Wireless Communications Principles and Industrial Practice

Here we are going to discuss Wireless Communications Principles and Industrial Practice as per international standard IEEE STD 802.11 with ISM band for Industry. This Protocol DLMS COSEM Protocol and Zigbee Network Wireless will discussed how we can implement.

Main points to be discussed in this article are 

IEEE STD 802.11, ISM band for Industry, DLMS COSEM Protocol, Zigbee Network Wireless.

Wireless Communications Principles and Industrial Practice

Wireless Communications Considerations (Appendix A)

Many of the wireless communications solutions developed within the Smart Metering industry so far, which could be leveraged within the WAN (and potentially for the NANs and HANs) of an AMI pilot, are designed for operation in the 2.4-2.4835 GHz frequency band.

Generally, such communications adhere to IEEE STD 802.11. It should be noted that in most countries this portion of the spectrum is considered to be an ISM band. The use of ISM bands is reserved internationally for Industrial, Scientific and Medical purposes, rather than for commercial applications. The unrestricted use of higher powered applications, e.g., radar, within ISM allocated bands can introduce electromagnetic interference within other RF devices operating in that range.

Thus, non-ISM equipment must be able to tolerate interference produced by ISM equipment as they are not protected by the regulatory framework from ISM device operation.

For KSA, international standardization in this area does not apply and frequency bands for ISM use have yet to be allocated. Private usage (i.e., contained within residential and commercial premises) of this band within WLANs is exempt from carrier licensing.

Short range devices (SRDs) are free to operate within the 2.4-2.4835 GHz band and are license exempted, provided that transmitters adhere to the relevant CITC ( Communications and Information Technology Commission) Guidelines, otherwise frequency assignment should be obtained. Transmitters operating in this range are limited to an Effective Isotropic Radiated Power (EIRP), i.e., power emitted by the antennae, of 100 mW or less (Table 6). For any Industrial and Plant Project this is Wireless Communications Principles and Industrial Practice article.

Table 6 – Technical Specifications and Approved Frequencies by CITC

Wireless Communications Principles and Industrial Practice

Outdoor usage of the 2.4 GHz band is permitted but only within the confines of Plants facilities and compounds. The use of other, licensed frequency bands could be pursued as an alternative measure but this would require sourcing bandwidth from a third party, licensed telecoms carrier provider and could prove exorbitant.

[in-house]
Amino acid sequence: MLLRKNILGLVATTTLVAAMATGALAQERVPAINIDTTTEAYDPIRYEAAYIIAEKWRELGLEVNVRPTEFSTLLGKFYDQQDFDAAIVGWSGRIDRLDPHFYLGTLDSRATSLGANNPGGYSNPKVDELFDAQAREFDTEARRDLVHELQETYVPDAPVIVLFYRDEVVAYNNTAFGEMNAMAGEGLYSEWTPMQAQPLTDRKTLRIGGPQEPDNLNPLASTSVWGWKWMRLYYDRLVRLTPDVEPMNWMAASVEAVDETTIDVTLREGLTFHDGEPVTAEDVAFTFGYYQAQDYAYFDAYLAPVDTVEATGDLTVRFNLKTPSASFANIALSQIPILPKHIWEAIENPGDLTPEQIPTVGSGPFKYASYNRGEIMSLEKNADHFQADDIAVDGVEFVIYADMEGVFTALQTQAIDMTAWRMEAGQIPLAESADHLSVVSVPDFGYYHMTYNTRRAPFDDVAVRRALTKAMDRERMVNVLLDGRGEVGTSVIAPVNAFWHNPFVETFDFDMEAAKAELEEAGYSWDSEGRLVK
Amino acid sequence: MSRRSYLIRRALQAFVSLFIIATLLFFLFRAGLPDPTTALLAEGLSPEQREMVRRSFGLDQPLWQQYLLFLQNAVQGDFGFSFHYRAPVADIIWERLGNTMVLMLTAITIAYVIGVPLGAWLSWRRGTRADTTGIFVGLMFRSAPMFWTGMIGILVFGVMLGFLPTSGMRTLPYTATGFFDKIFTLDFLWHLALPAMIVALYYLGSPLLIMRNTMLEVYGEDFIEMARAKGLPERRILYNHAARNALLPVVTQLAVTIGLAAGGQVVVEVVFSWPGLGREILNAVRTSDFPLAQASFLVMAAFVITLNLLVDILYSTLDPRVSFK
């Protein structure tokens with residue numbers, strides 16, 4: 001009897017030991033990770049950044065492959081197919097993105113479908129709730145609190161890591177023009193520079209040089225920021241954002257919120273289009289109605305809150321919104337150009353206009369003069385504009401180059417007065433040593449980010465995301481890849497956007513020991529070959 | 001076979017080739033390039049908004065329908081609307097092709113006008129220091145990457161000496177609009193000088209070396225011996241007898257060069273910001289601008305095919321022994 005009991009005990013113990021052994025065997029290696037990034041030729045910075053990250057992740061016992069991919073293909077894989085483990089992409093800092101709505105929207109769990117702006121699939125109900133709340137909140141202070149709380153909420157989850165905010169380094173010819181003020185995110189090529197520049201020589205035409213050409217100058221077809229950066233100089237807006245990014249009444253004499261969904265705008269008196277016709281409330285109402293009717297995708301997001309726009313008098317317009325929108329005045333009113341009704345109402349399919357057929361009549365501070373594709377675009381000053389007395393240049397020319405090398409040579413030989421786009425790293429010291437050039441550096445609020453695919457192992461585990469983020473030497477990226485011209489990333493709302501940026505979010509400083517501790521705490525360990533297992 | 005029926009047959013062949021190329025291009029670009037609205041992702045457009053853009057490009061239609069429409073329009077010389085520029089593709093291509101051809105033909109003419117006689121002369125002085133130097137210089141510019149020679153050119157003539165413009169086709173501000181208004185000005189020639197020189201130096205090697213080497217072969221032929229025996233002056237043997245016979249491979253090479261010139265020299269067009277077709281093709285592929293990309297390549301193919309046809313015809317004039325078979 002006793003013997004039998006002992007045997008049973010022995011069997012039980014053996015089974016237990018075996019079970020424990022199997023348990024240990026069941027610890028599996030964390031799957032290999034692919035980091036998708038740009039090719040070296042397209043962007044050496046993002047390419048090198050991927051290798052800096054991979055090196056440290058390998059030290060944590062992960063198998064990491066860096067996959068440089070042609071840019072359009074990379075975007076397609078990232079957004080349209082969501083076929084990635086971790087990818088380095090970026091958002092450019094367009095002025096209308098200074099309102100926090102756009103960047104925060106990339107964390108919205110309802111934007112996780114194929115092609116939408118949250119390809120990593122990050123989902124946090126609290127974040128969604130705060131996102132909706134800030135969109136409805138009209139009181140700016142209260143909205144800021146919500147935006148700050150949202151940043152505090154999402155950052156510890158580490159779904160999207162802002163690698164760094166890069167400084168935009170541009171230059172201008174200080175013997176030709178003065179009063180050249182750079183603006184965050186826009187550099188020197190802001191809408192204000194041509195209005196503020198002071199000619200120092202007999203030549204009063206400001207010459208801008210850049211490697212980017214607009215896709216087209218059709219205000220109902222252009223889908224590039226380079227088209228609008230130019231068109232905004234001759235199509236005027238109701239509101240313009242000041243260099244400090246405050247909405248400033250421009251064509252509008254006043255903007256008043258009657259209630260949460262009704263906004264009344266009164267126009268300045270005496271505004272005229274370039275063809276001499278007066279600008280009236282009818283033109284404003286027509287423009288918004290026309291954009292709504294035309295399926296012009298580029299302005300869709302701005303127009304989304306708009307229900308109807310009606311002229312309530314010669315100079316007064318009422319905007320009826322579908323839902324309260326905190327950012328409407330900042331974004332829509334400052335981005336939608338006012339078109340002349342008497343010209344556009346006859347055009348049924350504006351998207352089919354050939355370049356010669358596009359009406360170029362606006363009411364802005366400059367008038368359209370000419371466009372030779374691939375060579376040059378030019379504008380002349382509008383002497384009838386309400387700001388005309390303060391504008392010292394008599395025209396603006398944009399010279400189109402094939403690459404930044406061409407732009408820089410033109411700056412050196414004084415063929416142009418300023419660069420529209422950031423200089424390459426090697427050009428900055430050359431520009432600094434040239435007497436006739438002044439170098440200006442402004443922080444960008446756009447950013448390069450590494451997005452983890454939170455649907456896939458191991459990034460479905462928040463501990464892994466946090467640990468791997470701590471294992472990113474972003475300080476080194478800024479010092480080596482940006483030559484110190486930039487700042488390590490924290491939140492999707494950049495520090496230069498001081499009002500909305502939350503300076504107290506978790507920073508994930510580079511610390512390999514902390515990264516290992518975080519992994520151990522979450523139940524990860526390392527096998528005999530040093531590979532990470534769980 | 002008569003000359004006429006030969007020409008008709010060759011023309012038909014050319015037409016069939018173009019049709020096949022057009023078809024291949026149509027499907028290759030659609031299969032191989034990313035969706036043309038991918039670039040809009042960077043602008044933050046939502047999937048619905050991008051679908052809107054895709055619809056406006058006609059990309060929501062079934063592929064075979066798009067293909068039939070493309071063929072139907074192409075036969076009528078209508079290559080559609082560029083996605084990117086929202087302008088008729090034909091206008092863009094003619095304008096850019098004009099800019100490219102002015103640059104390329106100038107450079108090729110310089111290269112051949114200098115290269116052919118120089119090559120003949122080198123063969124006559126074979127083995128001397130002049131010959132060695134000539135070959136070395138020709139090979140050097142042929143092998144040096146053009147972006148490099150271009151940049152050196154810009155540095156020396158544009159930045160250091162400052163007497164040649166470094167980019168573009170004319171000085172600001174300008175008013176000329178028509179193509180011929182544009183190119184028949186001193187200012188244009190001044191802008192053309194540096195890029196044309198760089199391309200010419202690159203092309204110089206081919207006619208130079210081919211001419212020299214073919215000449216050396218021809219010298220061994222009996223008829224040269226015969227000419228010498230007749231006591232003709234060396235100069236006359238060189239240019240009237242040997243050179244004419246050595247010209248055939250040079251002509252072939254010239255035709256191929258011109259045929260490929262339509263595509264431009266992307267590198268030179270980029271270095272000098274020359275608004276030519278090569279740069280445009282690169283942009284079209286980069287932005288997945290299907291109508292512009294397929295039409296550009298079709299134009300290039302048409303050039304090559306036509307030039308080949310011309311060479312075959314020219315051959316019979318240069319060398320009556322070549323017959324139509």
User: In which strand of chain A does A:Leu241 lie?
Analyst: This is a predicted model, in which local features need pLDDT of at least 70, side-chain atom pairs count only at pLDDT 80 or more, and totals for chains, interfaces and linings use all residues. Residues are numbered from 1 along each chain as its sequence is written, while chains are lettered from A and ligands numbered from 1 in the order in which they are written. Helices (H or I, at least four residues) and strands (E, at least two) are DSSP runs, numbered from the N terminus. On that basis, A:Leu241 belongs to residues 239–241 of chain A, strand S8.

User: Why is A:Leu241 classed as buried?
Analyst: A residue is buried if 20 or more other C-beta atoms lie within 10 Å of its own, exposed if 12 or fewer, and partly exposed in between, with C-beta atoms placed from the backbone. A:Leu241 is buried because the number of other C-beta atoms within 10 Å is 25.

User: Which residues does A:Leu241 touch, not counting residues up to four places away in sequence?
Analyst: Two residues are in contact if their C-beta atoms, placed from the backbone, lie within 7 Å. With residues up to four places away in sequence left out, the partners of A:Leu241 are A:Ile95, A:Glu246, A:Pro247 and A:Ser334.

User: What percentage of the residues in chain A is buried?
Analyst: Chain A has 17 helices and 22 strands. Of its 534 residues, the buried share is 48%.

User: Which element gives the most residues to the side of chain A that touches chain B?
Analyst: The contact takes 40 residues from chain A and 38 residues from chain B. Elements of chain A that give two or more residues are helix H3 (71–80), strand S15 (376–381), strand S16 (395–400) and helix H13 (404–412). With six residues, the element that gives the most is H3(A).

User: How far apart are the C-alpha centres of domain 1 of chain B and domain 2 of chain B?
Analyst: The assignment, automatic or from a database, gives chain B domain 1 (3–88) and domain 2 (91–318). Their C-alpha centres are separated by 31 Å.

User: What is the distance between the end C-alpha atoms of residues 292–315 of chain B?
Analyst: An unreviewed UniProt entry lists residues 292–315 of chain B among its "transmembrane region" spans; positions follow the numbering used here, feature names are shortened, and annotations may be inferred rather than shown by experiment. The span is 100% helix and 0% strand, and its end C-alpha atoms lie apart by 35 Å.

Thus, under current regulations it is unlikely that RF wireless communications for a KSA-wide WAN would be feasible, unless specific dispensation was granted by CITC. This aspect of any deployment could be problematic in achieving the aims of initiating a KSA-wide smart metering deployment, i.e., the scope focused pilot to “Lead By Example” across KSA is limited if wireless communications are pursued.

Technical Conventions (Appendix B )

The IEC convention for the direction of power flows is shown:

IEEE STD 802.11, ISM band for Industry, DLMS COSEM Protocol, Zigbee Network Wireless

Figure 7 – IEC Convention for Customer Energy Imports and Exports

DLMS / COSEM Protocol (Appendix C)

The DLMS / COSEM protocol (IEC 62056-62, 53) is a very versatile protocol that can be used across many transport layers (PLC, TCP/IP, GSM/GPRS, etc.). Development is also underway to adapt this protocol for use across ZigBee networks. One should note that outdoor ZigBee networks are already being utilized.

Consolidation is already under way in the PLC space towards the DLMS / COSEM standard, with efforts being made to adapt OSGP, used within the largest smart meter roll-out world-wide to data, in Italy for future compatibility with DLMS / COSEM. It appears that DLMS / COSEM will be the winning LAN or NAN protocol (in PLC networks) in the long-run. Many HES offered by leading vendors specify DLMS / COSEM as the de-facto communications standard.

All article related to Smart Metering Technology are linked below step by step.

Advanced Metering Infrastructure | Smart Metering Technology

Advanced Metering Infrastructure Functionality – AMI Functions

Advanced Metering Infrastructure System Design Architecture

Advanced Metering Infrastructure Components

Advanced Metering Infrastructure Functional Requirements

Domestic Smart Meter Installation – ANSI 12.20 Electricity Meters

Data Concentrator Unit | DCU Principle with Technical Specification

Head End System for Advance Metering Infrastructure

Meter Data Management System – IEC 61968-9

Wireless Communications Principles and Industrial Practice


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  1. May 27, 2020

    […] Wireless Communications Principles and Industrial Practice […]

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    […] Wireless Communications Principles and Industrial Practice […]

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